HOP LINE: Local Ingredients, Local Beer
By Evan Crouch
For food lovers across the Triangle, summer is a special time of year. Along with the heat, humidity and a few mosquitoes, summer brings the prospect of fresh seasonal produce. Go to any nearby farmers’ market and you can’t help but be amazed by the abundance of locally grown fruits and vegetables at our fingertips. Not only does local produce make for a tasty repast, it also helps to support the regional economy: It’s estimated that 80 to 90 cents on the dollar that’s spent locally, stays locally. Most of us are familiar with the economic benefits of eating locally, but what about drinking locally? Craft beer offers an unexpected vehicle for just that – and local breweries are catching on.
One such brewery is Fullsteam in Durham. Located at 726 Rigsbee Ave. (near the old Durham Bulls ballpark), Fullsteam strives to craft brews that use as many local ingredients as possible, with a respectful nod to the Southern culinary tradition. Locally sourced sweet potatoes, cornmeal grits, scuppernong grapes, figs and persimmons have all made their way into the brewery’s unique lineup of beers. Fullsteam’s current seasonal is the Summer Basil Farmhouse Ale. It’s made with locally grown basil that delivers a refreshing herbal quality, and coupled with the lemon and pepper notes from the saison-style brewer’s yeast, Summer Basil makes a perfect complement to a fresh summer salad.
There’s something oddly poetic about this brewpub rising amidst the abandoned tobacco warehouses in the former epicenter of North Carolina’s bygone cash crop. When talking to Fullsteam CEO Sean Wilson, one really gets the sense that he sees an important role for his brewery in the local economy.
“Ultimately, we here at Fullsteam want to craft what I call a ‘Southern beer economy,’ where we’re buying ingredients locally and making beer from them,” he says. “Given our backgrounds and love for local food and Southern traditions, it was easy to hone in on the Southern-sourced model – it’s fun, creative and boundless. We have a unique opportunity to create a category rather than replicate historical styles. That’s really exciting!”
Wilson isn’t the only one who’s getting excited about the “plow-to-pint” movement. Liz Clore, an apprentice farmer at Elysian Fields Farm in Cedar Grove, just finished harvesting this year’s basil crop, which wound up in Fullsteam’s Summer Basil.
“Fullsteam seems to foster a real community environment in Durham, and I’m excited they extend that to the ingredients in their beer. And honestly, much of my motivation for farming is the delicious end product, so it is awesome to know that the basil I produced and cared for becomes a part of something I love to drink,” she says.
After finishing her apprenticeship, Clore says she plans to start her own farm next year in Saxapahaw, noting that “growing crops specifically for brewers on my own farm is an exciting prospect.”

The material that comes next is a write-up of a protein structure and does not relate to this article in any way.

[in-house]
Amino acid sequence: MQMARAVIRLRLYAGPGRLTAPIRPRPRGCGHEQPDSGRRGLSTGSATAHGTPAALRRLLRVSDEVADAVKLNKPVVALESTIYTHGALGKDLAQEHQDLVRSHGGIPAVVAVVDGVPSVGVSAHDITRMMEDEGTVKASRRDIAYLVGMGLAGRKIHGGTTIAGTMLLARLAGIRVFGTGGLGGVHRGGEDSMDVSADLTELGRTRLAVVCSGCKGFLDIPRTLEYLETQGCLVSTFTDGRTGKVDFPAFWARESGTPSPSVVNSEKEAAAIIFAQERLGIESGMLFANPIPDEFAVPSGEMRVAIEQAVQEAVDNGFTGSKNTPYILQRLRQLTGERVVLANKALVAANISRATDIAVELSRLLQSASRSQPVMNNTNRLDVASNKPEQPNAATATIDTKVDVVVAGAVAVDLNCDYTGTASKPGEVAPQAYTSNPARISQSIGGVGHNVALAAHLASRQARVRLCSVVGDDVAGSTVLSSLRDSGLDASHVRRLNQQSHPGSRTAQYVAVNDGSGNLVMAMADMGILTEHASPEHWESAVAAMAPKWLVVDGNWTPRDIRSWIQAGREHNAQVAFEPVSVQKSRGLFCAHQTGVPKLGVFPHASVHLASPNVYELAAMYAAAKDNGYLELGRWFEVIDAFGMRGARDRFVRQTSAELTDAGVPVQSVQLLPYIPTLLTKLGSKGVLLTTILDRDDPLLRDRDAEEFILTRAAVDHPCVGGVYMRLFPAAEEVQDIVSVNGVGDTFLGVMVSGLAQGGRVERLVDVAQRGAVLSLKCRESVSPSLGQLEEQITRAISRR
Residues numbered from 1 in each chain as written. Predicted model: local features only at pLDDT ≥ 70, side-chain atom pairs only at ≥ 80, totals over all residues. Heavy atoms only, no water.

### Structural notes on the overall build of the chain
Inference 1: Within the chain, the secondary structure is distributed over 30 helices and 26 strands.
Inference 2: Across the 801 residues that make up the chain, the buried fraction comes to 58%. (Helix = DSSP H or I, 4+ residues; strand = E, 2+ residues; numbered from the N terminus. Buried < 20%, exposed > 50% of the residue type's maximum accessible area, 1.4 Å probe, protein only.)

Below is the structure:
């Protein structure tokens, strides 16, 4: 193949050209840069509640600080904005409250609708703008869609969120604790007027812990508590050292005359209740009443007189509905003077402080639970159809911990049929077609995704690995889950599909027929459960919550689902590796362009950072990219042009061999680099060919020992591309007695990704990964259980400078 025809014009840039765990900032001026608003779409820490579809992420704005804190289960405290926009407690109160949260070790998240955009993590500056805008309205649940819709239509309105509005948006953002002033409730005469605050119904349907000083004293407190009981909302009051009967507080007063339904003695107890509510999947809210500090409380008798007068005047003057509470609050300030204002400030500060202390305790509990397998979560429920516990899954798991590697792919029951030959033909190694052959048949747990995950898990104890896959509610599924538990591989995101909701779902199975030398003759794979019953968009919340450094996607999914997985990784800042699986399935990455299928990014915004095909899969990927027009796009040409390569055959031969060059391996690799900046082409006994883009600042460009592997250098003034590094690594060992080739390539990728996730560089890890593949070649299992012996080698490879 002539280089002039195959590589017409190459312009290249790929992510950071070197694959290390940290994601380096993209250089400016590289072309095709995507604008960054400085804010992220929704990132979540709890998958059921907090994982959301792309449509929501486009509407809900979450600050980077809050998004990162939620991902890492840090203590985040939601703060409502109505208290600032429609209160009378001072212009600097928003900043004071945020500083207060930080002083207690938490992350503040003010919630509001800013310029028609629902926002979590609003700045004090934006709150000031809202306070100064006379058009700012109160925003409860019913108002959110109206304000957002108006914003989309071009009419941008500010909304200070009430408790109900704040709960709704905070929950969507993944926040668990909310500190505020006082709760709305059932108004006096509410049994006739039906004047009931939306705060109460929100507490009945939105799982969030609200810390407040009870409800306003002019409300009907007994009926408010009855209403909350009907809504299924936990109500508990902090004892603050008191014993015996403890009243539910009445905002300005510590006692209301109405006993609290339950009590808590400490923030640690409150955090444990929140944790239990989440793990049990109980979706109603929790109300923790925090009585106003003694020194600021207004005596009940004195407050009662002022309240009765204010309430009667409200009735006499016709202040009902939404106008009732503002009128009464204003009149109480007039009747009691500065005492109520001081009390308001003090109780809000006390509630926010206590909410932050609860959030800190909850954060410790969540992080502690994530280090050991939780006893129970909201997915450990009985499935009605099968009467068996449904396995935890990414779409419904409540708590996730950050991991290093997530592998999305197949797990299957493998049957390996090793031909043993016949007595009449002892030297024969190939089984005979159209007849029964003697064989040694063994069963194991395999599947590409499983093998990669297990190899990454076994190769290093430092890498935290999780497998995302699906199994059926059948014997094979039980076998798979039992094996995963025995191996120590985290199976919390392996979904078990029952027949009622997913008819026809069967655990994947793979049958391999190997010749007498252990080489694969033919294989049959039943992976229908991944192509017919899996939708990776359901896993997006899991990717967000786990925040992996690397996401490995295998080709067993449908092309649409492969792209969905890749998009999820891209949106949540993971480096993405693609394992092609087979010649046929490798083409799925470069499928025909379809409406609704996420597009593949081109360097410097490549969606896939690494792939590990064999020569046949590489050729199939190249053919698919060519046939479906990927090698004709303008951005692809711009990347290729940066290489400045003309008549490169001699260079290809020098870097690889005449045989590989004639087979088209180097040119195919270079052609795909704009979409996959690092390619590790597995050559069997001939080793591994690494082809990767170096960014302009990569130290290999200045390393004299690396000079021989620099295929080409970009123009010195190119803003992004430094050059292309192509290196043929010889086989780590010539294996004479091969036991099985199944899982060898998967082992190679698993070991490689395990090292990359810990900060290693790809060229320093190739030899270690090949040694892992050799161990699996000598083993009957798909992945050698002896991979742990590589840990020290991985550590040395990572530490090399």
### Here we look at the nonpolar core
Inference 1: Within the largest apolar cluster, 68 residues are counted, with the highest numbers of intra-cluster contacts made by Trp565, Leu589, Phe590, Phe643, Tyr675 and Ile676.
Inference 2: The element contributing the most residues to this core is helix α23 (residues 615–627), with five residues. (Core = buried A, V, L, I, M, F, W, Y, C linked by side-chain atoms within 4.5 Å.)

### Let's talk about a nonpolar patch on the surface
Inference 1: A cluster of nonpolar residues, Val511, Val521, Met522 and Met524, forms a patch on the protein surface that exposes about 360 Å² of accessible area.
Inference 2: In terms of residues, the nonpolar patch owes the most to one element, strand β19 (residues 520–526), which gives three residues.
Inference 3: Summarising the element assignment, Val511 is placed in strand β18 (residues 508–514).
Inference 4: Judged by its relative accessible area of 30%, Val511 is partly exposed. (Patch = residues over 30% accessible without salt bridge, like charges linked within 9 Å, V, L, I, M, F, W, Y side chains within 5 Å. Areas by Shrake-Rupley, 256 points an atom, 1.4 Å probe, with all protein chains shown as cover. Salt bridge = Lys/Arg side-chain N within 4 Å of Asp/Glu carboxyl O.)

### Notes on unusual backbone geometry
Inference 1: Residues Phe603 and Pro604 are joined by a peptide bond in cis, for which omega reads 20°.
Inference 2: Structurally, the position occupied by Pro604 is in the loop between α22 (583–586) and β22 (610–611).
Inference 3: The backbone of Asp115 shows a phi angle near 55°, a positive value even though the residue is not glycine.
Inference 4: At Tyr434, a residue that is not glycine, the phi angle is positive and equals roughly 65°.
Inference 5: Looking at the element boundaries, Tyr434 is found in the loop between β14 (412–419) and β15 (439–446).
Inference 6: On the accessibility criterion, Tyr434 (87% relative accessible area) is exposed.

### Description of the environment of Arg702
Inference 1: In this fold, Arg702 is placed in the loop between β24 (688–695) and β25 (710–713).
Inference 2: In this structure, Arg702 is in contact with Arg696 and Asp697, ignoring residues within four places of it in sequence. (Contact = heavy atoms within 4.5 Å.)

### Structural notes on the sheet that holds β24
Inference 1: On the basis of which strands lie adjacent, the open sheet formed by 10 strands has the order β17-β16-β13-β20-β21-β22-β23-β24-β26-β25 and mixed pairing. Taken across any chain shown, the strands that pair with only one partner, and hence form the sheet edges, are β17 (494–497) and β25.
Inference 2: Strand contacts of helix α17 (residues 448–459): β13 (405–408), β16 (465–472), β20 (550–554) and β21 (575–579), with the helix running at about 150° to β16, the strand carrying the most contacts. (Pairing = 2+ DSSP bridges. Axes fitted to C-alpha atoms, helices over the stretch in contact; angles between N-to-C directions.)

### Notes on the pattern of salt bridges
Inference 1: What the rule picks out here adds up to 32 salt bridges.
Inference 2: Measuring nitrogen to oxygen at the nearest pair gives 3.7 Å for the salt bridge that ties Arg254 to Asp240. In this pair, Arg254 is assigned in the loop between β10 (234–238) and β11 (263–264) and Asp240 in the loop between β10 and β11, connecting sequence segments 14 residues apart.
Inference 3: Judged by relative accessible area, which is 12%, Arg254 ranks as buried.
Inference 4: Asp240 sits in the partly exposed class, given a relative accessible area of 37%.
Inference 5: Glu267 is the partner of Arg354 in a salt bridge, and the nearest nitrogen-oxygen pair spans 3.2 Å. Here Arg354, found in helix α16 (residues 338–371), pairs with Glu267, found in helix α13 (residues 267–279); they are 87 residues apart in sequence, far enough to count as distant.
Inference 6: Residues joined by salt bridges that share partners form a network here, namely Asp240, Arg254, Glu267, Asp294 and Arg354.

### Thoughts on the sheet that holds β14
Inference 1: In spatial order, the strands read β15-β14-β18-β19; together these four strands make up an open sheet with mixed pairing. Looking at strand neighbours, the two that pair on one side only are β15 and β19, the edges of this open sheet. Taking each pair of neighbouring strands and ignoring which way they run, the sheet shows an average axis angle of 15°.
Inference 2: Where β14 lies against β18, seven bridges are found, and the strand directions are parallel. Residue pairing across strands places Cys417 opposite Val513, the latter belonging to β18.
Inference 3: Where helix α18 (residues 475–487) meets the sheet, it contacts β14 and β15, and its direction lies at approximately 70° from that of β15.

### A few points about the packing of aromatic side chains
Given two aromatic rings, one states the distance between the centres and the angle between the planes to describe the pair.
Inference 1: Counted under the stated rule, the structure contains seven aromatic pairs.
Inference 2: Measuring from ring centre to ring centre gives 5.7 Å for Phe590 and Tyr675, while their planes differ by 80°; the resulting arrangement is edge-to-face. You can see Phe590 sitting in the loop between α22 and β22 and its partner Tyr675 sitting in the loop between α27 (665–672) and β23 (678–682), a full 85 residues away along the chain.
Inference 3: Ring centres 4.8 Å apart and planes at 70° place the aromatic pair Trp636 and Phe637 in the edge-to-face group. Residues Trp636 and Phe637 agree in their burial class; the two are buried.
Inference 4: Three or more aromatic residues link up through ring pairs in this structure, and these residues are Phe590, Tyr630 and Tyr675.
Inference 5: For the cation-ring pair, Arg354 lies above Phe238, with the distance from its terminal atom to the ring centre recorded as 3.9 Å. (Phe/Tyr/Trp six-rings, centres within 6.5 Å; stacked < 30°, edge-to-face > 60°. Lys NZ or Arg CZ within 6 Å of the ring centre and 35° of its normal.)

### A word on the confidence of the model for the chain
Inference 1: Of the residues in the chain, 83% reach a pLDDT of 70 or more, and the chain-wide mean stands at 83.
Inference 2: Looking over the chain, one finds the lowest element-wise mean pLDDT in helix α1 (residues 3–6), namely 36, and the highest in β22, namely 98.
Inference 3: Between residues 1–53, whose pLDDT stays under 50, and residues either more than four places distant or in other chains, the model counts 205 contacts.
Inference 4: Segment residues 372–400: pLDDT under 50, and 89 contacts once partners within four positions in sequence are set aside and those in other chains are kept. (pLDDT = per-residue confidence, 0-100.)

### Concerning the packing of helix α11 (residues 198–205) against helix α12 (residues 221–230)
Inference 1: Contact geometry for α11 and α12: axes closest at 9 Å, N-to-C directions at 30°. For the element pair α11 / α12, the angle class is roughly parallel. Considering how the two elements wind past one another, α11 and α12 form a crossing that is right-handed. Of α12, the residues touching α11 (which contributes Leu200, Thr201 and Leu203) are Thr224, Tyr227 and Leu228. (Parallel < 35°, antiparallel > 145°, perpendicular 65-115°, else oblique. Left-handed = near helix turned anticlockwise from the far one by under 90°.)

It’s satisfying to observe this positive ripple effect as it moves through the local economy. It’s even more encouraging to see new farmers get into the game. Harrison Willets, of Willets Farm Starberry Lane in Mebane, is converting an acre of his farmland to be used for hop cultivation. It will take a full three years of planting cover crops to prepare the soil, but Willets says it’s well worth it: “I think people in this area are motivated to brew at home and need a supply for fresh hops, as well as local breweries having an option to make an all-local beer. … It’s important to diversify one’s product layout and customer base. This crop does both.”
In these tenuous economic times, it’s more important than ever to back our local farmers, brewers and businesses. We all reap the benefits of a shared prosperity when supporting our neighbors in the community. And if you have a penchant for support of the quaffable variety, you needn’t look any further than the local beer scene. As Sean Wilson reminds us, “We’re truly in a golden era in North Carolina … an era that’s just getting started.”
I’ll toast to that!
The Summer Basil Farmhouse Ale is available in growlers and on draft and pairs well with light summer fare like this salad – for which the bulk of ingredients are available at your farmers’ market!
1/2 pound fresh feta
1 small wedge of watermelon
1 heirloom tomato
1/2 slicing cucumber
1 tablespoon extra virgin olive oil
1 teaspoon aged balsamic vinegar
1/2 teaspoon sea salt
1/2 teaspoon chopped mint
1/2 teaspoon chopped basil
Remove the rind from the watermelon, peel the cucumber and remove the core from the tomato. Slice each item one-quarter-inch thick. Make sure the feta cheese is very cold and drained of any liquid, then slice into one-quarter inch pieces. On a serving plate, alternate pieces of watermelon, tomato and cucumber with a slice of feta in between each. Sprinkle the salt and herbs on top, then drizzle with olive oil and vinegar.
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